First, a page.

Whether or not you decide to purchase the used car you are considering, it’s imperative to make sure you are well-informed and have researched the market before buying. The more aware you are of common scams and sneaky sales tactics, the less likely you are to be left out of pocket or with a vehicle that won’t stand the test of time.

Dec 262015
 

 

 

 

 

 

 

If you want some expert advice on the latest scams, plus paperwork and checklists to give you the edge when buying a used car then HPI has the answer, or rather its free guide is here to help.

HPI provider of the HPI Check® is helping used car buyers get it right, when it comes to parting with their hard earned money, with the launch of its digital HPI Used Car Buyer’s Guide. In all the excitement of buying a car, it’s easy to overlook the essentials or even fall prey to common scams. HPI’s comprehensive guide aims to encourage consumers to do their homework to minimise the risks, as well as highlighting the latest scams fraud sellers are carrying out.  It also acts as an important reminder to buyers to conduct a vehicle history check via www.hpicheck.com.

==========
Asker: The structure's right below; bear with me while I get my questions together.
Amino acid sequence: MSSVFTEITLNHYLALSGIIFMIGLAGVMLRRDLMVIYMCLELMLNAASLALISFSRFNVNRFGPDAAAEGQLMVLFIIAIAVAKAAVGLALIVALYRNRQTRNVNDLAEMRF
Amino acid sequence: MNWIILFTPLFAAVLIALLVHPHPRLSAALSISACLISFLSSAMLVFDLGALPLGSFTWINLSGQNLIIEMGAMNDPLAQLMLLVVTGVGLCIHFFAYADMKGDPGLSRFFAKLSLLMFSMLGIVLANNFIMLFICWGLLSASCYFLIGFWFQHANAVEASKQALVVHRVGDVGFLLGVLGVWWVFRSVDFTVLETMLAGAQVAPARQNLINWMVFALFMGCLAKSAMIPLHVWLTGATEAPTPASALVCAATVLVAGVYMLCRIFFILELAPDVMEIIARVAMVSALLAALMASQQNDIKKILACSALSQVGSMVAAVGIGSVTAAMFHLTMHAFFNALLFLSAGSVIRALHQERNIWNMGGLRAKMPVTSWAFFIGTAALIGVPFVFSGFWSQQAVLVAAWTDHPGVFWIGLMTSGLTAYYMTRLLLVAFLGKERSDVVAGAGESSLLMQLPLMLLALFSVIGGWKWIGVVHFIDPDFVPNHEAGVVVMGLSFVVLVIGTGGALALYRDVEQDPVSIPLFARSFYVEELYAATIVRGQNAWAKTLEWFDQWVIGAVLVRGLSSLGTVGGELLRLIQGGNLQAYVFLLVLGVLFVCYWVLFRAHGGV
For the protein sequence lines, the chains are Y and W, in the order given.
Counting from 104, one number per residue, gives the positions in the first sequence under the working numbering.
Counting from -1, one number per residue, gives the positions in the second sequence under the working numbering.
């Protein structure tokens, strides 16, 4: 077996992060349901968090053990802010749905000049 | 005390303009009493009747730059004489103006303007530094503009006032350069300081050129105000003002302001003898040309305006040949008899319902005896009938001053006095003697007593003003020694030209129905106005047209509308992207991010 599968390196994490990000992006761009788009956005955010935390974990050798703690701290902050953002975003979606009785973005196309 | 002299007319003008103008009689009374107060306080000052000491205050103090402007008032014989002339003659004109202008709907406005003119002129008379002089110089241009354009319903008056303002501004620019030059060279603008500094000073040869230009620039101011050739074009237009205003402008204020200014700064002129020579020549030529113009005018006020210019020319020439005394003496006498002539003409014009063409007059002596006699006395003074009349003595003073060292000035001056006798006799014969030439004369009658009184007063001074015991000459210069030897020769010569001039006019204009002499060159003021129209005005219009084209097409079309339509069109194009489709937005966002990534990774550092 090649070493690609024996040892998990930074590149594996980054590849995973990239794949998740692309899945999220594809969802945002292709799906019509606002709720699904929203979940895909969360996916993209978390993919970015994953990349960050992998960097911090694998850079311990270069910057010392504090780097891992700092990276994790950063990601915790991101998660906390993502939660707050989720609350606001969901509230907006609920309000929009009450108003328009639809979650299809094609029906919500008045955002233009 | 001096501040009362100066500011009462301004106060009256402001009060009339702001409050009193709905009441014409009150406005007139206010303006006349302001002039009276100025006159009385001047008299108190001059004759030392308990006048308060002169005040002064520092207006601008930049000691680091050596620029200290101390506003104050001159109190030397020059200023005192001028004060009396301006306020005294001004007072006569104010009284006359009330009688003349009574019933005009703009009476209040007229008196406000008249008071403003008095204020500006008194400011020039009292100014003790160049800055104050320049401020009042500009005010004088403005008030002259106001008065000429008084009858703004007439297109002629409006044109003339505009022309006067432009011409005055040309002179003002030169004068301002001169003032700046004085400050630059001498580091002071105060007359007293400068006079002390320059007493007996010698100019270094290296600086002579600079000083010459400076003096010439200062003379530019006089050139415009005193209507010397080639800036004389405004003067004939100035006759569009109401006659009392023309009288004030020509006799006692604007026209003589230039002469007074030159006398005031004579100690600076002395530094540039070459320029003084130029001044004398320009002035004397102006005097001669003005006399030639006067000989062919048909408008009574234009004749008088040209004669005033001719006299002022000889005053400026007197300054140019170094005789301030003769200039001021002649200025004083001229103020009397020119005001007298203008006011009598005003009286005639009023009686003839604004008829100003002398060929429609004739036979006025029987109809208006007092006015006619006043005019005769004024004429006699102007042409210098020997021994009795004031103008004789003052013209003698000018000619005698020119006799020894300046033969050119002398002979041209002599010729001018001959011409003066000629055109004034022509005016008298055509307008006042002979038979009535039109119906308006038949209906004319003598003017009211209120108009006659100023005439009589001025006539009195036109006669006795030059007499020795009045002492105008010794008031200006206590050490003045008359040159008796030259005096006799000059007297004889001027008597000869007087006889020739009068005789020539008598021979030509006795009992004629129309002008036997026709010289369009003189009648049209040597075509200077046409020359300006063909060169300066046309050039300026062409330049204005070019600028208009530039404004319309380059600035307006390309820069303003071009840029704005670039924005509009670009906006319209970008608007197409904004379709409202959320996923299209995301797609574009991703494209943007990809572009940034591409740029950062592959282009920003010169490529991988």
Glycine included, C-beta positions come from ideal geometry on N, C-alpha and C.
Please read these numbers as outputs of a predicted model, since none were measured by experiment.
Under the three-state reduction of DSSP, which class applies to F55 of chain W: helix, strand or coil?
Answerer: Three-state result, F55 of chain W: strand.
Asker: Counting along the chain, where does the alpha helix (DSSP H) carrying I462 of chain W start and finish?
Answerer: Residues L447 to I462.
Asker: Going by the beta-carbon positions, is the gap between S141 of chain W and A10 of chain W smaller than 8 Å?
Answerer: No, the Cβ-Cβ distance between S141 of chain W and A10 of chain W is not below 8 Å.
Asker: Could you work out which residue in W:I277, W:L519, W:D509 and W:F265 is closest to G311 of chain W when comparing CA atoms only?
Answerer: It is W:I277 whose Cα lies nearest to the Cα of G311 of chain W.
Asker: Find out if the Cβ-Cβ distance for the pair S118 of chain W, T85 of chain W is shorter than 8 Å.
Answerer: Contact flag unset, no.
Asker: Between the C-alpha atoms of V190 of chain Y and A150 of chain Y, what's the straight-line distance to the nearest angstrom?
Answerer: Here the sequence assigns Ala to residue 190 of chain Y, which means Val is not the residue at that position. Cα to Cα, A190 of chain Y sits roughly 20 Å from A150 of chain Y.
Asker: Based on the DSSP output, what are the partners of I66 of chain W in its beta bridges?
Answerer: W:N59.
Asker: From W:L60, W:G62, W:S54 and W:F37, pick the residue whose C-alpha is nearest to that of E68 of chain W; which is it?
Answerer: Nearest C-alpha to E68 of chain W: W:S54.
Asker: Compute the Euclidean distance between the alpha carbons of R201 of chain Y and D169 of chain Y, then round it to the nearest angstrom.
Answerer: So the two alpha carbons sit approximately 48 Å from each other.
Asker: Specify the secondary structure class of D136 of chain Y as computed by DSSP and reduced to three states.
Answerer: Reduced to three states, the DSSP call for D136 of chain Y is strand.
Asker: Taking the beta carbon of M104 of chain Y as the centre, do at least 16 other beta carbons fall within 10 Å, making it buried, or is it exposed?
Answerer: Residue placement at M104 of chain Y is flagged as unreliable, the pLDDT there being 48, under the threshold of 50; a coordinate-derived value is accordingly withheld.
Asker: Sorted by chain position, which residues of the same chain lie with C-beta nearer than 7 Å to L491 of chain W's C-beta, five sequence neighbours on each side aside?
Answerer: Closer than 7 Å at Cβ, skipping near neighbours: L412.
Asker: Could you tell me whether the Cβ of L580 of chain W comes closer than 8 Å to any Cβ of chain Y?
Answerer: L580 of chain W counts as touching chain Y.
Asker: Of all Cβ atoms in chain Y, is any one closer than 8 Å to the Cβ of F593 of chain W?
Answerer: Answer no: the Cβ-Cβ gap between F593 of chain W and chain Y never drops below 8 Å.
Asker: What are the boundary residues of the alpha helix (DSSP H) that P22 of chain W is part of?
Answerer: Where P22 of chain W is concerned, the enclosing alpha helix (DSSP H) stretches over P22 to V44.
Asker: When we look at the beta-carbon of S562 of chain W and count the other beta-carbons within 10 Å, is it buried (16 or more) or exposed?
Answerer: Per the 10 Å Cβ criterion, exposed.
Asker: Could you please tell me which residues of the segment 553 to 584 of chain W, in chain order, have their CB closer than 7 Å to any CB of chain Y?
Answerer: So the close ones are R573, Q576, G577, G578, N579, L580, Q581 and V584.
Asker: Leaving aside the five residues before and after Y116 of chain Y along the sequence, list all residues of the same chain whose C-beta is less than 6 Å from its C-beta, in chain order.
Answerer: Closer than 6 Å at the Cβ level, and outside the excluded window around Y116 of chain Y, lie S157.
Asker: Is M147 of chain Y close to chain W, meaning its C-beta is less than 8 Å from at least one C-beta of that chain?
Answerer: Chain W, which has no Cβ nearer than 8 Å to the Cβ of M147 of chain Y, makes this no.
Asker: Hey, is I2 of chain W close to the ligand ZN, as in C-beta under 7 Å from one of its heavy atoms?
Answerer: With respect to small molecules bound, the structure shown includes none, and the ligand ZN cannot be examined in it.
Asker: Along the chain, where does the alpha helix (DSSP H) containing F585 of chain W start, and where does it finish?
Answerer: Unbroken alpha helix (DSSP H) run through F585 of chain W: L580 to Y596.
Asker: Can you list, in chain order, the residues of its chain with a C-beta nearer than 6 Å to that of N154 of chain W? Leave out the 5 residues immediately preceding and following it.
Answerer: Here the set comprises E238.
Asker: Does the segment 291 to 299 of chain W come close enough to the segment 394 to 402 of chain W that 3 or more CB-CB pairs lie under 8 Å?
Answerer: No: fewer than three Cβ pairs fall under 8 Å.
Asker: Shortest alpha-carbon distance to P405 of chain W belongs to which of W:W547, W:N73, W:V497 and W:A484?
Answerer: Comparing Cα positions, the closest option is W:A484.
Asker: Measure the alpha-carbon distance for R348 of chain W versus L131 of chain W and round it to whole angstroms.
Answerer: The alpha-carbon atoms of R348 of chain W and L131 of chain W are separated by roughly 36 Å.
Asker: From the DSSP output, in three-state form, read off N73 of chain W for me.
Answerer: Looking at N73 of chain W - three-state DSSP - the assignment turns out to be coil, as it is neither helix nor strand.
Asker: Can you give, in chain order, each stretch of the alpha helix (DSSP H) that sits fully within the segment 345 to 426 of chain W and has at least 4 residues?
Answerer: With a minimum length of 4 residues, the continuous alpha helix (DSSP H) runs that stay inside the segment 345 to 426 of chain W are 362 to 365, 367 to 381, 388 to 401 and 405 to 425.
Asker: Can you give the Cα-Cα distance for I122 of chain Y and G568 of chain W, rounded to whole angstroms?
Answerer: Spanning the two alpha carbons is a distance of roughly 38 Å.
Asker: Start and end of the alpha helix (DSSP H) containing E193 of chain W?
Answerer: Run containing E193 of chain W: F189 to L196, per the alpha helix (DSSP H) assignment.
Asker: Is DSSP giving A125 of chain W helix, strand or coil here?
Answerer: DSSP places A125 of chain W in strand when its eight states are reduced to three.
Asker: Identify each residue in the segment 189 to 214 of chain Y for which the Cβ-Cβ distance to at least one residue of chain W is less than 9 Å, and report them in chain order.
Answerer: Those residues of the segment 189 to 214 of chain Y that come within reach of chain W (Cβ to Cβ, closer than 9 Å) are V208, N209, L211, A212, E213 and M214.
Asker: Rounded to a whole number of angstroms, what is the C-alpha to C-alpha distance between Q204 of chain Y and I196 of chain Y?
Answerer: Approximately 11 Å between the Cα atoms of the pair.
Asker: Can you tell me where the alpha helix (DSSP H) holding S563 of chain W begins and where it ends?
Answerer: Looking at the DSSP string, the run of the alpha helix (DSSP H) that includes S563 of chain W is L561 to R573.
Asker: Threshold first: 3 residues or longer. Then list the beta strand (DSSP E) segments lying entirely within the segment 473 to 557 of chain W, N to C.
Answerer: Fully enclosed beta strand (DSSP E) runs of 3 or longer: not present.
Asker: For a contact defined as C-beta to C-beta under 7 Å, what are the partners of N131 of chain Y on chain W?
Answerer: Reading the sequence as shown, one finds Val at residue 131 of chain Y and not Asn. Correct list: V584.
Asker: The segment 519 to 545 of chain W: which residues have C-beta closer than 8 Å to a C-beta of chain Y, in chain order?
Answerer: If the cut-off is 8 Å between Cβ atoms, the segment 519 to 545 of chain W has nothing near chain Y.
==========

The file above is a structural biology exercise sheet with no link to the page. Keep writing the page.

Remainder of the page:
Buying a used car is exciting, but it can also be daunting, which is why HPI has created the Used Car Buyer’s Guide,” explains Neil Hodson, Managing Director for HPI. “Throughout the online pages of this guide, consumers will get advice on how to decide what the best buy is for them, what to look out for when viewing and test driving a potential purchase and how to get the best deal.”

The HPI Used Car Buyer’s Guide gives advice on what to do if people are buying privately or from a dealer, the importance of conducting professional inspections, as well as practical top tips on conducting a thorough test drive. Crucially, HPI’s expert advice includes a section on the most common used car buying scams – clocking, cloning, ringing and cut ‘n’ shuts – giving advice on how to spot one and explaining what the very real risks are.